The first trial dealing with the issues of the #ΜeΤoo movement in Greece started on 12 January and involved a sailing coach.

The verdict was delivered on 14 June.

The defendant was convicted of sexual abuse of the underaged girl but was acquitted of the charge of repeated rape.

If one considers that Olympics sailing gold medalist Sofia Bekatorou had to twice charge that she was sexually assaulted before the movement took off in Greece, and if one takes into account the huge caseload of judges, which leads to major delays in the meting out of justice, the aforementioned verdict was delivered relatively swiftly by Greek standards.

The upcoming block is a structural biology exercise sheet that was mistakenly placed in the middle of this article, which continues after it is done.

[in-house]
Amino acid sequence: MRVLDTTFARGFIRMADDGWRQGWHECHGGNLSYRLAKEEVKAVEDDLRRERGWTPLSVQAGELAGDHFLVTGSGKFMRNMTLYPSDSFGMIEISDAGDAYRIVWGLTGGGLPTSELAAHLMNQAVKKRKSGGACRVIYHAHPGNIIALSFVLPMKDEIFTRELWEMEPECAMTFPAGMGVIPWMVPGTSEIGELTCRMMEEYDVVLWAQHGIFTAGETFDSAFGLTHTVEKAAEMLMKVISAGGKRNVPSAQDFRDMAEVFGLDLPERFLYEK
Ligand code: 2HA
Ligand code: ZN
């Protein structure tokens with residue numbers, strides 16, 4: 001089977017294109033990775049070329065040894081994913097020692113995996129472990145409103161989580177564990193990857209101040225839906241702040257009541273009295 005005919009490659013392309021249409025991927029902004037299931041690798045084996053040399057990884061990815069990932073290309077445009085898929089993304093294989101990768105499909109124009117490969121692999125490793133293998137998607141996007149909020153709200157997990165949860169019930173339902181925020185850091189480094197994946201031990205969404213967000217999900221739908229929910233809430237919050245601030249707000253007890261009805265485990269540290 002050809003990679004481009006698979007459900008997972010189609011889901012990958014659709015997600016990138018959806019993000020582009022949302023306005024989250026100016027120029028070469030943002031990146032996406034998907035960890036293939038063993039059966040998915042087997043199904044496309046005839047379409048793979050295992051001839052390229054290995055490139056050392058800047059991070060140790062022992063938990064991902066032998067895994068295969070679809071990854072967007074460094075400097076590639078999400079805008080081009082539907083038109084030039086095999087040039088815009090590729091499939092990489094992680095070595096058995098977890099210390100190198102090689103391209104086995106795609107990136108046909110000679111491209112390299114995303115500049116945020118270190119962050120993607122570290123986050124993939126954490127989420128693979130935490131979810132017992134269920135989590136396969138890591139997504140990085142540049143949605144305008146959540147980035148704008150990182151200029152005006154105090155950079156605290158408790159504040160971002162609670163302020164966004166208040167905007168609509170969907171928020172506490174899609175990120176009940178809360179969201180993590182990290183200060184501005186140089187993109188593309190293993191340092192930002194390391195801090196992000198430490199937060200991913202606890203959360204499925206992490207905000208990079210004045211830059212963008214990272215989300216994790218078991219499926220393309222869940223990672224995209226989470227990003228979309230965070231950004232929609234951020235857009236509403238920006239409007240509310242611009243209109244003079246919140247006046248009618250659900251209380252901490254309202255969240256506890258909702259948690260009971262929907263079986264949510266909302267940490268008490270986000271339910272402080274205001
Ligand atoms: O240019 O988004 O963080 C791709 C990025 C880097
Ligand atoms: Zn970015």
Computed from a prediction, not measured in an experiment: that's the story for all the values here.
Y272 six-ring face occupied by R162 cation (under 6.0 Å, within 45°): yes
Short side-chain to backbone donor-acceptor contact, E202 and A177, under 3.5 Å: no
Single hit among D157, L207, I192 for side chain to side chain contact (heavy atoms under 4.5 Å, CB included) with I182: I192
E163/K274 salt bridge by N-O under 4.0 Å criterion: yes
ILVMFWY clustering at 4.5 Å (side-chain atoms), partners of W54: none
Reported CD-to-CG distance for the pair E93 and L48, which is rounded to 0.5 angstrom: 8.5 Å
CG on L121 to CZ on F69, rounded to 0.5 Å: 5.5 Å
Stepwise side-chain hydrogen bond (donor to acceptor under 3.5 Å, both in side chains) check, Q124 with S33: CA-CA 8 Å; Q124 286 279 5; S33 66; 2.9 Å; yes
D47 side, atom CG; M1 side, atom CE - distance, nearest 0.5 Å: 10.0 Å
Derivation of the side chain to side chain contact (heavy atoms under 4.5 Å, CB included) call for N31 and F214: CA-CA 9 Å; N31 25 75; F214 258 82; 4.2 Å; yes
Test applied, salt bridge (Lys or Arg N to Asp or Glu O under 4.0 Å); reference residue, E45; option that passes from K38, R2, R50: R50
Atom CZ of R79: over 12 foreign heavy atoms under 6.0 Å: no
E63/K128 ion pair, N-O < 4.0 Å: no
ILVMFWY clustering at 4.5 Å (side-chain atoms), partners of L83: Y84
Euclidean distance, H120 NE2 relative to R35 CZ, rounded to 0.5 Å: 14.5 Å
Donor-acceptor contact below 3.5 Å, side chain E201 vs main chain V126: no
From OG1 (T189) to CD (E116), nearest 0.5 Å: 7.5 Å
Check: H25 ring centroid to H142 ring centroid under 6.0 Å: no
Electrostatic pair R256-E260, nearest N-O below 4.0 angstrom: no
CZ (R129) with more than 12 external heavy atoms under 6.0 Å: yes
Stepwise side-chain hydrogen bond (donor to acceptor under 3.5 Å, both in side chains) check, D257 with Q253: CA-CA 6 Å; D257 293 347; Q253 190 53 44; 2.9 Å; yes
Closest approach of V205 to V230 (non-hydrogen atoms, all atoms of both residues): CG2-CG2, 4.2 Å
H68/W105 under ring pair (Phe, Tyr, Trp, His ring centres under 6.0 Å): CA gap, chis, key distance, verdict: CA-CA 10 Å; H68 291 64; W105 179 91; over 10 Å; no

However, that does not mean that it was speedily adjudicated when compared to other European countries.

Given the fact that there are other such cases waiting to be tried in the court system, it is necessary for them to be adjudicated as fast as possible, so that there is no room for shadows and doubts surrounding the cases and the parties to fester.

Justice delayed is justice denied, and that diminishes the trust of citizens in the judiciary.

Unfortunately, today, justly or unjustly, a large segment of Greek society appears to be full of doubts about how the judicial branch of government performs its function.

The most effective way to eradicate such shadows is for courts to do their job more swiftly.

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